Vaughan Williams played the viola, and frequently professed it was his favorite instrument. Along with the Suite for viola and orchestra of 1934, his most significant work for the instrument is the unusual Flos Campi (Flower of the Field), which combines the viola with a spare orchestral backing of strings, winds, tabor, and celesta, along with a mixed choir that sings wordlessly. It was first performed on October 10, 1925, in London, with violist Lionel Tertis, voices from the Royal College of Music, and the Queen's Hall Orchestra conducted by Sir Henry Wood. The reaction was mixed, and even such close friends of the composer as Gustav Holst admitted themselves puzzled by this subtle and voluptuous work.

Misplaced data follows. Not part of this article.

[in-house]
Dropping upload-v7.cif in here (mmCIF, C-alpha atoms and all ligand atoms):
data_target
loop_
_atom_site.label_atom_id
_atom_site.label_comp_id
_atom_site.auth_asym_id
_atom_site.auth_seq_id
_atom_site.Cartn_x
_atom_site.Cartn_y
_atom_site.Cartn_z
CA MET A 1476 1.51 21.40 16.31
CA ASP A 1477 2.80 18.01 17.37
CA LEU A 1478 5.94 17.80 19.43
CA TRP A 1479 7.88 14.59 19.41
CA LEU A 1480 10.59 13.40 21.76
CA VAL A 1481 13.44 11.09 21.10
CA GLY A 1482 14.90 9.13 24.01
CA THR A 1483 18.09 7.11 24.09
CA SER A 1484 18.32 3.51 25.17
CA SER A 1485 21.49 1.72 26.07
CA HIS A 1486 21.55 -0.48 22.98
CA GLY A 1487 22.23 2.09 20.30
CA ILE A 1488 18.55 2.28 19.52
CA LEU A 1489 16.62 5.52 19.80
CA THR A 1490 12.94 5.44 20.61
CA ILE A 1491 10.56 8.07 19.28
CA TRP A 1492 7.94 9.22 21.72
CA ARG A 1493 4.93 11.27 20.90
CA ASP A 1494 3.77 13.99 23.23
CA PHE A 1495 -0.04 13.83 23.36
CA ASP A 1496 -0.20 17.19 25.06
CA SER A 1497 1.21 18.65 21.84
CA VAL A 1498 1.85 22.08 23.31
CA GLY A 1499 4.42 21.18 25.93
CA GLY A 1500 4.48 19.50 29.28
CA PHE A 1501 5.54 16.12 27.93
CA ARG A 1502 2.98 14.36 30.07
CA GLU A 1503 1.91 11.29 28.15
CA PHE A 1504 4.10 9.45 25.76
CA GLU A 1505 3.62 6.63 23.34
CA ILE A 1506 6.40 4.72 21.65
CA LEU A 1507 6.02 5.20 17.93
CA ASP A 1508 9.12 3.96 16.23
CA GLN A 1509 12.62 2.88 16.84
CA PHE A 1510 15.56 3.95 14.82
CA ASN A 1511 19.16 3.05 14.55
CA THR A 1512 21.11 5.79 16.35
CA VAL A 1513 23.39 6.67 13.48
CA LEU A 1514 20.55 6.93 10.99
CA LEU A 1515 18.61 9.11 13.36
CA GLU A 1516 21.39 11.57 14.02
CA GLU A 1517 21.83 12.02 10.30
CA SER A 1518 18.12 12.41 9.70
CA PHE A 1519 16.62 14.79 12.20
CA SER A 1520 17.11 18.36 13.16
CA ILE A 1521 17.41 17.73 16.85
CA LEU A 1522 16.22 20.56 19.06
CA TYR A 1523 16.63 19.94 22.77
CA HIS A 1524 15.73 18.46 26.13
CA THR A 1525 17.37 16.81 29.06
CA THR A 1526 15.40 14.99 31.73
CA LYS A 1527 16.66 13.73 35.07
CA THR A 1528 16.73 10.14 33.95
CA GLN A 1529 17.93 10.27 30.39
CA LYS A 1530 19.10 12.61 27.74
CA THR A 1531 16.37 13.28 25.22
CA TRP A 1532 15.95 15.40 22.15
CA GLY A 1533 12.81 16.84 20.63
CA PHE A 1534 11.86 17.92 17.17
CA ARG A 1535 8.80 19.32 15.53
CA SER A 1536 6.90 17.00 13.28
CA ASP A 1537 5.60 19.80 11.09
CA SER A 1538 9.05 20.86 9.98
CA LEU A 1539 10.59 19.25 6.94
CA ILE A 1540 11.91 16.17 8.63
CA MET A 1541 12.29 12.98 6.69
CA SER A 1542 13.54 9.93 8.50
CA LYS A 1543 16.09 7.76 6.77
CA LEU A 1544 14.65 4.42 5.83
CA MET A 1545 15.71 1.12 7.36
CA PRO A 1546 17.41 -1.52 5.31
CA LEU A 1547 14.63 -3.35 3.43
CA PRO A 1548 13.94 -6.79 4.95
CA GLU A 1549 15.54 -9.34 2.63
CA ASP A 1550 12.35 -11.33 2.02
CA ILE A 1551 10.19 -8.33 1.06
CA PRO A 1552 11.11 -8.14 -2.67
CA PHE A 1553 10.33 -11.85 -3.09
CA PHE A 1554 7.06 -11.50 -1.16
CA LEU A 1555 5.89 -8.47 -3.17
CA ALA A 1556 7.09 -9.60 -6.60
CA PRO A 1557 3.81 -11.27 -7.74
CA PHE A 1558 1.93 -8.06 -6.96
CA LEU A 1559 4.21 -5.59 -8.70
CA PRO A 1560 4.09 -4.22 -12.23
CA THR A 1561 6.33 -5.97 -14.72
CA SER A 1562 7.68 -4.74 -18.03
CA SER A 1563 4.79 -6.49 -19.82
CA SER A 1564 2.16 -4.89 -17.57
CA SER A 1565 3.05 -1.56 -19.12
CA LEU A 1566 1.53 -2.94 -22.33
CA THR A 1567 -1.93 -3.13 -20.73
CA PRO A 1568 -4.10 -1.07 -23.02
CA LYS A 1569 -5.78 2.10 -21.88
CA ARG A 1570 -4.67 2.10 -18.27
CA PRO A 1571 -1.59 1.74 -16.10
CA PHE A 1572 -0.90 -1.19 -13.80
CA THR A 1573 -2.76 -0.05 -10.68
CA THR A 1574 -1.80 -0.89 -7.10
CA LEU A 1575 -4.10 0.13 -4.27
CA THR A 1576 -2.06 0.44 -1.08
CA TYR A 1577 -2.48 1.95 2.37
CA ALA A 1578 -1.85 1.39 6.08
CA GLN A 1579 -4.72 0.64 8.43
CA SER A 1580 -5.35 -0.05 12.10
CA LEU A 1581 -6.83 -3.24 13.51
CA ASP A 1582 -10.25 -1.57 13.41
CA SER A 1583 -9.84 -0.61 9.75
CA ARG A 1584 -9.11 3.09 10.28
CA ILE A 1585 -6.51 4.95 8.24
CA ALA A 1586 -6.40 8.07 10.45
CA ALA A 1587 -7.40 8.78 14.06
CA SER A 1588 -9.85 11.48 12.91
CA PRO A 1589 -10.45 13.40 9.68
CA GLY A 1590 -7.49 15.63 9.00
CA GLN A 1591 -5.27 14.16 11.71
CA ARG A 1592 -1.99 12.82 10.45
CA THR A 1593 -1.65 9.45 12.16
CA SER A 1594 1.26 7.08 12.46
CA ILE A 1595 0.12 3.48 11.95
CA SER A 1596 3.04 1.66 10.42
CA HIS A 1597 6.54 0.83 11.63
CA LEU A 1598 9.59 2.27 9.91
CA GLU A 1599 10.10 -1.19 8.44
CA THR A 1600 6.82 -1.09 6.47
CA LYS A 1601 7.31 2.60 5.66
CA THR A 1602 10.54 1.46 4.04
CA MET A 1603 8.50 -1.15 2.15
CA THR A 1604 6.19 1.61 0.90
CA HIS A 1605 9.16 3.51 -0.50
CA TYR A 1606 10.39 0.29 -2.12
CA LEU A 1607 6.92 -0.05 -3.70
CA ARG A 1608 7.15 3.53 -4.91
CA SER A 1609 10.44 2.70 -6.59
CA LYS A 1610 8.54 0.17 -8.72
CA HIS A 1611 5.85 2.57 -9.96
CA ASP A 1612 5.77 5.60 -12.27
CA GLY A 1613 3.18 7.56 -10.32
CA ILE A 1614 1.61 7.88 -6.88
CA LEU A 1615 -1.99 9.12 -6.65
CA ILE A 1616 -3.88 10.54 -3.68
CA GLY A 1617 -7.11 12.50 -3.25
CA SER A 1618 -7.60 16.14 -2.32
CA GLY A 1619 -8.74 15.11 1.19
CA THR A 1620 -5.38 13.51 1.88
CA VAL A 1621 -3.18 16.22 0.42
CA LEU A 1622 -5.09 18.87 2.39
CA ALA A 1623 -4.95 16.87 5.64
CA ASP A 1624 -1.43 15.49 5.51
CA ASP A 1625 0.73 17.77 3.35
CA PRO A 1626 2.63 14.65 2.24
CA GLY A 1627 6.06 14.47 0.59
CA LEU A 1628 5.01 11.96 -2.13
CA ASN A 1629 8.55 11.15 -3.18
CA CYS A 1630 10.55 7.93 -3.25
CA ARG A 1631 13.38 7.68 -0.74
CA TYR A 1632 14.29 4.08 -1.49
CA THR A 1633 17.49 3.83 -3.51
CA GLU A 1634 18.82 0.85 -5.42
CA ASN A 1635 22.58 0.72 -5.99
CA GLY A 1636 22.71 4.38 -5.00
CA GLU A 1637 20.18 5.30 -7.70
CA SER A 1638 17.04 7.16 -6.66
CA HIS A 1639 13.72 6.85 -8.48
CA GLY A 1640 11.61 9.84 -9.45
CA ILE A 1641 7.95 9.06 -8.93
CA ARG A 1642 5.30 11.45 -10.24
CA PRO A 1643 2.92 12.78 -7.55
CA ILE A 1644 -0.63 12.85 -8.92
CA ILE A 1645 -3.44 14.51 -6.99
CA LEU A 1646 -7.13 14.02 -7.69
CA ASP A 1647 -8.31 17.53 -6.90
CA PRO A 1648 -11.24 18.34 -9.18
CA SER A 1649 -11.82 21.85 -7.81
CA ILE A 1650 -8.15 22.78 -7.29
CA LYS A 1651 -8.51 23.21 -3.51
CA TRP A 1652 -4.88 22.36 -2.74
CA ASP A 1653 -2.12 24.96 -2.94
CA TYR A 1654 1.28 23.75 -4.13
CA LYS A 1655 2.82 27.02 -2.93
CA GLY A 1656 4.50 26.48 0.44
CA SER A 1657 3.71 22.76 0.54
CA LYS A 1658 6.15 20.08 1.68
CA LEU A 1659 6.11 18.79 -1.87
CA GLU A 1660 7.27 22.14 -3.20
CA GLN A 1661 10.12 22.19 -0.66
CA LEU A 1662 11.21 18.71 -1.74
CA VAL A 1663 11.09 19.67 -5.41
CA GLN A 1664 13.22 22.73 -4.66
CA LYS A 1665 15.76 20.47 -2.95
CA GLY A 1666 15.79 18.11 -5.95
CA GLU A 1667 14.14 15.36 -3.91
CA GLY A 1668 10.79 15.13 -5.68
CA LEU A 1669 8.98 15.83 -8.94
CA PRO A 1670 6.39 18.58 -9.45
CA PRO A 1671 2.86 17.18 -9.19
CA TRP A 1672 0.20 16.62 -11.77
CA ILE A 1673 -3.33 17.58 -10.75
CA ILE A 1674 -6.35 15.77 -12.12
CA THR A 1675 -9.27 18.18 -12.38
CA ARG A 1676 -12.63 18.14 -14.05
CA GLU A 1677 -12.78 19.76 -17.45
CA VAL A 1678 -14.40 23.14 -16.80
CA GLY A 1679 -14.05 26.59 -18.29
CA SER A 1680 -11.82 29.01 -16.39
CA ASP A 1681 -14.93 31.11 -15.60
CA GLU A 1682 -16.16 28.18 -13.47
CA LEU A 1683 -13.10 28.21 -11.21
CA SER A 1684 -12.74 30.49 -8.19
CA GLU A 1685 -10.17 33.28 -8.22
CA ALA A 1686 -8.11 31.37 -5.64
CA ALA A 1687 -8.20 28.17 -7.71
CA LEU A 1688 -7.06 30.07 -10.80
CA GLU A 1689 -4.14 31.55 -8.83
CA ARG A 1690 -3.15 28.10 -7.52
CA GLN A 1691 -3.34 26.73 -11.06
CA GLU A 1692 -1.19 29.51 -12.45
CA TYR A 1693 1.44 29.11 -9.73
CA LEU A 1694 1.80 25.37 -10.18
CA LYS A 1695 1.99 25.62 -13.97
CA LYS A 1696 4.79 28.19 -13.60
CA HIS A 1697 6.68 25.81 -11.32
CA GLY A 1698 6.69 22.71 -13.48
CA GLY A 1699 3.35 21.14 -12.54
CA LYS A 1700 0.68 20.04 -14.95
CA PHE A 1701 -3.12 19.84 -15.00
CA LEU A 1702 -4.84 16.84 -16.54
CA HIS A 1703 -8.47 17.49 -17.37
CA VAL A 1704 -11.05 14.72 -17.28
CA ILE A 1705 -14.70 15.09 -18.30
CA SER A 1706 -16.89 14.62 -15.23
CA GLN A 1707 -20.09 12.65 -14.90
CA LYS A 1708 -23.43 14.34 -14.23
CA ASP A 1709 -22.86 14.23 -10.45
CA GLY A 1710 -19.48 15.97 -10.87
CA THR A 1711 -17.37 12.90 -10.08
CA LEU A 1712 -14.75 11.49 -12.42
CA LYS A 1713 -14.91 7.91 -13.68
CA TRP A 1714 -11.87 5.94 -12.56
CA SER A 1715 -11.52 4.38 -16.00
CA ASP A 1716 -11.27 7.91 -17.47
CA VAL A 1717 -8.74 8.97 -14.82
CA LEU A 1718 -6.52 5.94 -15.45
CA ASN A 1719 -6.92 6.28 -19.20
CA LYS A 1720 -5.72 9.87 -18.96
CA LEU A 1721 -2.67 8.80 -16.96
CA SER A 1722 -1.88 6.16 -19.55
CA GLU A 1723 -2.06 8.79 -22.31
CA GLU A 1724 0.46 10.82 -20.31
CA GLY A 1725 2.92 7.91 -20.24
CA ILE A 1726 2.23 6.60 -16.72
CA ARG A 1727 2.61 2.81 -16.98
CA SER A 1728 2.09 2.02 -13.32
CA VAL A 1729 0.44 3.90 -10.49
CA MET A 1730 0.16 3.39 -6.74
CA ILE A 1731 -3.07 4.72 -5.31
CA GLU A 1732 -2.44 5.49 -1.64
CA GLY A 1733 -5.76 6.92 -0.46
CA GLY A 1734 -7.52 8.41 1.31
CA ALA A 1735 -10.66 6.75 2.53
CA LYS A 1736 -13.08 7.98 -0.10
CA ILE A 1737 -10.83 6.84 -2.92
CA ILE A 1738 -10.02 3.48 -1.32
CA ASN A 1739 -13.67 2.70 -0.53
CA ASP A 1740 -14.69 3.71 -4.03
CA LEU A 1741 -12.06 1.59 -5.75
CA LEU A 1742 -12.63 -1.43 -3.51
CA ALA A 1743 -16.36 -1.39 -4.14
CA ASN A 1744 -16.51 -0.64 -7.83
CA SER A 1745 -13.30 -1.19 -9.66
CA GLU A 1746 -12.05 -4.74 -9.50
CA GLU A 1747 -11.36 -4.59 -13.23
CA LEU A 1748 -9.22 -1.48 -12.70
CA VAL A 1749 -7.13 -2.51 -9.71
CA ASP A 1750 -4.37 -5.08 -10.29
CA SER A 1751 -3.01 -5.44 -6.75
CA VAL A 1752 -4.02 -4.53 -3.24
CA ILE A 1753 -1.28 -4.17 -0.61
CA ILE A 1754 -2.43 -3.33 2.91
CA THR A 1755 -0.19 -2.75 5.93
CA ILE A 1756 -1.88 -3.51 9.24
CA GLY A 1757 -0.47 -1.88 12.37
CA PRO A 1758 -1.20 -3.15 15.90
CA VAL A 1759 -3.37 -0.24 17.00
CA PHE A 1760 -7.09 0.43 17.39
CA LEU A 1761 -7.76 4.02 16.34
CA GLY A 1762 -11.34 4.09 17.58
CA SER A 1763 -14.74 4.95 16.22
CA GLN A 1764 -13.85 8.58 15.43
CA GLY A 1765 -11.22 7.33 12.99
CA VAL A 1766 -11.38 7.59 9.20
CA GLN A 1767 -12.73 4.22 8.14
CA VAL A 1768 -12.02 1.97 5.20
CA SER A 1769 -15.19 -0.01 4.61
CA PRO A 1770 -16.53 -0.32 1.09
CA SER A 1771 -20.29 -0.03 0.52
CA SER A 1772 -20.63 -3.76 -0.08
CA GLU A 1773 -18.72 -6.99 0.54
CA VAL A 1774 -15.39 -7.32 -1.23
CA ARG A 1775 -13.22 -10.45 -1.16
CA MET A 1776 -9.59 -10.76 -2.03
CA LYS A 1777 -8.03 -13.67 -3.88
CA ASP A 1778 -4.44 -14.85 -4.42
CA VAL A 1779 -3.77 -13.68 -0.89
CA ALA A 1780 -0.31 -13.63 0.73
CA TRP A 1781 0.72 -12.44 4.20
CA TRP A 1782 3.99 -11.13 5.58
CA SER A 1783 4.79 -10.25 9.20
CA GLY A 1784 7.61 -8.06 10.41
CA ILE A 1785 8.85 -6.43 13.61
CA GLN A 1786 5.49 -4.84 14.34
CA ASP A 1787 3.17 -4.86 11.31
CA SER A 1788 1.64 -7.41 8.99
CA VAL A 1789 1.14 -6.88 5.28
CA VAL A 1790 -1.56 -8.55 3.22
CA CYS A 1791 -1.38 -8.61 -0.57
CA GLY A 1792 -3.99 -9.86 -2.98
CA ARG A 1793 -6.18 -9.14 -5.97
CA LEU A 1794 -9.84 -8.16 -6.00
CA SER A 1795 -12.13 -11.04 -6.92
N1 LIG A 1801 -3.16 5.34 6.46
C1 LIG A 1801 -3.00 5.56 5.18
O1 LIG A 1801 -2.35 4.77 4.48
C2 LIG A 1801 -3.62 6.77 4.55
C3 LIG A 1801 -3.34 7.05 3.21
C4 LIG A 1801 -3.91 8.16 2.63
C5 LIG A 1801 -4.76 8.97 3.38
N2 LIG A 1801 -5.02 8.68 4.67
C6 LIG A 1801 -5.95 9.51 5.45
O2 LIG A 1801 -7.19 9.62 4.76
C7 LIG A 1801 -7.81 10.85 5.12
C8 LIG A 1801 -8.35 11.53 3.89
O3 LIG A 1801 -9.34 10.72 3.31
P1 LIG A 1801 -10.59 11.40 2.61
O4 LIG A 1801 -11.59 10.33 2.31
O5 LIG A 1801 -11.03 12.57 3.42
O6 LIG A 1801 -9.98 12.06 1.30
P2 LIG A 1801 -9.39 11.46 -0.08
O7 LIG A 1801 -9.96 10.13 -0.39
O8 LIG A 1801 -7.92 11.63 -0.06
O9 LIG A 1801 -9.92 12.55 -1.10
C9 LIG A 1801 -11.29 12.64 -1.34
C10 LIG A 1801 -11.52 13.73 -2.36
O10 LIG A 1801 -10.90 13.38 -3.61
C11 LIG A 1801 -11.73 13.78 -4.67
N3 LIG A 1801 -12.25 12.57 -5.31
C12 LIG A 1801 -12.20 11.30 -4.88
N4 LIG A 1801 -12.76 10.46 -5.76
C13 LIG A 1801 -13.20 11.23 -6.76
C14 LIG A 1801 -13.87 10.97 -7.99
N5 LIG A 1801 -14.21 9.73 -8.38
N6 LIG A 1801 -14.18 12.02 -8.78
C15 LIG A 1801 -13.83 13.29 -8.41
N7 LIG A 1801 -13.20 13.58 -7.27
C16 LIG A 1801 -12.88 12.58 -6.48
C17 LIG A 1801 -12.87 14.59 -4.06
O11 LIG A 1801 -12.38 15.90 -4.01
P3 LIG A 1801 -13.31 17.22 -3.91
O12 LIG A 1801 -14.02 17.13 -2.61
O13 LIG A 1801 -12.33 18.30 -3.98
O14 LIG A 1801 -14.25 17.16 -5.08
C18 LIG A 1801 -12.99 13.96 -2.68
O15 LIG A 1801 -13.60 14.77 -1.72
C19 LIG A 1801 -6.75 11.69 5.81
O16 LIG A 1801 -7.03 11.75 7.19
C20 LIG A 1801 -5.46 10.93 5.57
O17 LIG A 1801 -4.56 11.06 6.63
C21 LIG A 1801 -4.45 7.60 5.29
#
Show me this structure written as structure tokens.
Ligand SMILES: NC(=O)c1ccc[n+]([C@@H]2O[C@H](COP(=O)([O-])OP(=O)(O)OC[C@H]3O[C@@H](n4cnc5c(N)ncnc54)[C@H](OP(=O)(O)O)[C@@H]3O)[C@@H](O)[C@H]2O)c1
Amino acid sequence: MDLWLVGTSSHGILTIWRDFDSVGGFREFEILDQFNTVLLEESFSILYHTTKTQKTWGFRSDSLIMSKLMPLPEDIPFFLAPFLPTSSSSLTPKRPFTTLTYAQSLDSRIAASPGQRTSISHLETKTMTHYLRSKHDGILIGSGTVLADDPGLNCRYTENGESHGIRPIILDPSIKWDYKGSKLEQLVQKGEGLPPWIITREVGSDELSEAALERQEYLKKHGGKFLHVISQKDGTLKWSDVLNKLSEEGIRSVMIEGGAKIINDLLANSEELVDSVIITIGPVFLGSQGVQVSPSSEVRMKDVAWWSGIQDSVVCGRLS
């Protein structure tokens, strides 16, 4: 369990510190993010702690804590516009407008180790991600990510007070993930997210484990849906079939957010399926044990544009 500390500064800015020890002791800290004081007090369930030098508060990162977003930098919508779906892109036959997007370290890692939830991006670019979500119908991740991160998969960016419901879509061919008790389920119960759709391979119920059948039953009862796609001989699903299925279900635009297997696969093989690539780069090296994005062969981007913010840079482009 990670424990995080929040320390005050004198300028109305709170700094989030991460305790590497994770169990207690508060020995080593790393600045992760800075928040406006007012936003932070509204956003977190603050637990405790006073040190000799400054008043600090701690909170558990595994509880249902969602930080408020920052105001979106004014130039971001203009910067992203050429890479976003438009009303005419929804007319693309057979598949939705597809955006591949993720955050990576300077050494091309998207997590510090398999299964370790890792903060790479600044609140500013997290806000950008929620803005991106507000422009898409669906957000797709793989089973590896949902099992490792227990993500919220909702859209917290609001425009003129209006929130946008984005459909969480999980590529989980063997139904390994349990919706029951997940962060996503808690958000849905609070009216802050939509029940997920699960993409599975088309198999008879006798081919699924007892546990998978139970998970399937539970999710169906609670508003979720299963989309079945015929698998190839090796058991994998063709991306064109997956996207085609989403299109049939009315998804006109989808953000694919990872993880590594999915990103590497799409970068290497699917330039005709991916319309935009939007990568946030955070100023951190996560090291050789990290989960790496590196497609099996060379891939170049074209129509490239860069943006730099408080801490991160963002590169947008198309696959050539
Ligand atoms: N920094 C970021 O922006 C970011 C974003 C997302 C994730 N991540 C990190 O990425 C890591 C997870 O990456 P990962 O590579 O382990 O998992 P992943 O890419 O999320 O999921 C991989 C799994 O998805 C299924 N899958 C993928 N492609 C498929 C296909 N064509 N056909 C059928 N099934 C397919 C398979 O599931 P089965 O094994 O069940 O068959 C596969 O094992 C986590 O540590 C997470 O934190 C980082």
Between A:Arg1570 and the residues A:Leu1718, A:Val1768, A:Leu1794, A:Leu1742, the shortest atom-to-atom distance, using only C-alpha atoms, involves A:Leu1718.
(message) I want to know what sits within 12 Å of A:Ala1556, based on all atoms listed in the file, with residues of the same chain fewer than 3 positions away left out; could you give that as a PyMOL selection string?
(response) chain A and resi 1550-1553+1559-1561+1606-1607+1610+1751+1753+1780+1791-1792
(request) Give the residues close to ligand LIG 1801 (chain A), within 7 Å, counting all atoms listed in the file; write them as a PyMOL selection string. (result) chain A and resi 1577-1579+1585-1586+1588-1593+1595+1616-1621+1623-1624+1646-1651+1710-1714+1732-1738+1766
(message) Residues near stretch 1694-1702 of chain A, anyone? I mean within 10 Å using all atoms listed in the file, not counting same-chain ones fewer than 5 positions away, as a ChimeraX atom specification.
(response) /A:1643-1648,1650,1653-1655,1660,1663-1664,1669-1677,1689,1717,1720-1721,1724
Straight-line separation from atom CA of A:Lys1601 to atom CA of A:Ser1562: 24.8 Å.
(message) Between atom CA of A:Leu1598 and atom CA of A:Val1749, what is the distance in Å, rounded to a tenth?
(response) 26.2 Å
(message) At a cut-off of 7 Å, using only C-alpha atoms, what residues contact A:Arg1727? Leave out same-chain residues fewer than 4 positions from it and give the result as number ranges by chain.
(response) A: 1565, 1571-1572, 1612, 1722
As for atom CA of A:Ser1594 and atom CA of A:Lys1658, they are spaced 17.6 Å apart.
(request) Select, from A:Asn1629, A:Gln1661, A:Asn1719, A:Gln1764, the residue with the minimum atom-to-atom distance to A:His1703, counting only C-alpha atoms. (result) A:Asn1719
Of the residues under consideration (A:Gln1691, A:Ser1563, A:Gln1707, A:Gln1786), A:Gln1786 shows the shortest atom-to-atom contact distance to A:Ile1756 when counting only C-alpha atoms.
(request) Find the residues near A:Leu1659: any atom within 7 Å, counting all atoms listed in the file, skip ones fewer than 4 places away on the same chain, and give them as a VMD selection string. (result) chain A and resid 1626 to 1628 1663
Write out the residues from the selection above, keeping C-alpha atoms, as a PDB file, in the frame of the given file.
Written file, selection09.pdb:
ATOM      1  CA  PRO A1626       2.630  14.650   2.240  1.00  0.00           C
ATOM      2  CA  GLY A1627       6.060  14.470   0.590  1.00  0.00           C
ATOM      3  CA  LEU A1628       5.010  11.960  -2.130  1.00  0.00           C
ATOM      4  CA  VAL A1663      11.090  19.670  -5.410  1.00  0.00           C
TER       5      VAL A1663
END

In a program note for a 1927 performance, Vaughan Williams admitted "The title Flos Campi was taken by some to connote an atmosphere of 'buttercups and daisies....'" This is, in fact, far from the atmosphere of this work. Each of its six movements is headed by a quotation from the Old Testament's Song of Solomon, and it is the passionate quality of that text which informs Flos Campi. The work opens with the juxtaposition of viola and oboe, both playing melodically but in different keys, creating palpable tension. This opening movement is languorous and mysterious, its associated text speaking of the sickness of love, of how it is a "lily among thorns." Nature springs to life in the second movement, with the "singing of birds" and the "voice of the turtle." But the beloved is not present, and the third movement is passionate and agitated, with the viola accompanied mostly by the women of the choir. Men "expert in war" are at Solomon's bed in the vigorous fourth-movement march, in which the violist has an opportunity for some virtuoso display. The music builds to a rather tense climax, at which point we hear the murmuring of voices, over which the viola soars longingly. The orchestra takes up this music in a more peaceful strain, and the choir sings in sweet polyphony. The opening viola-oboe duet returns, but its ambivalence is resolved as the melodic material of the fifth movement is taken up again in a quiet and magical coda.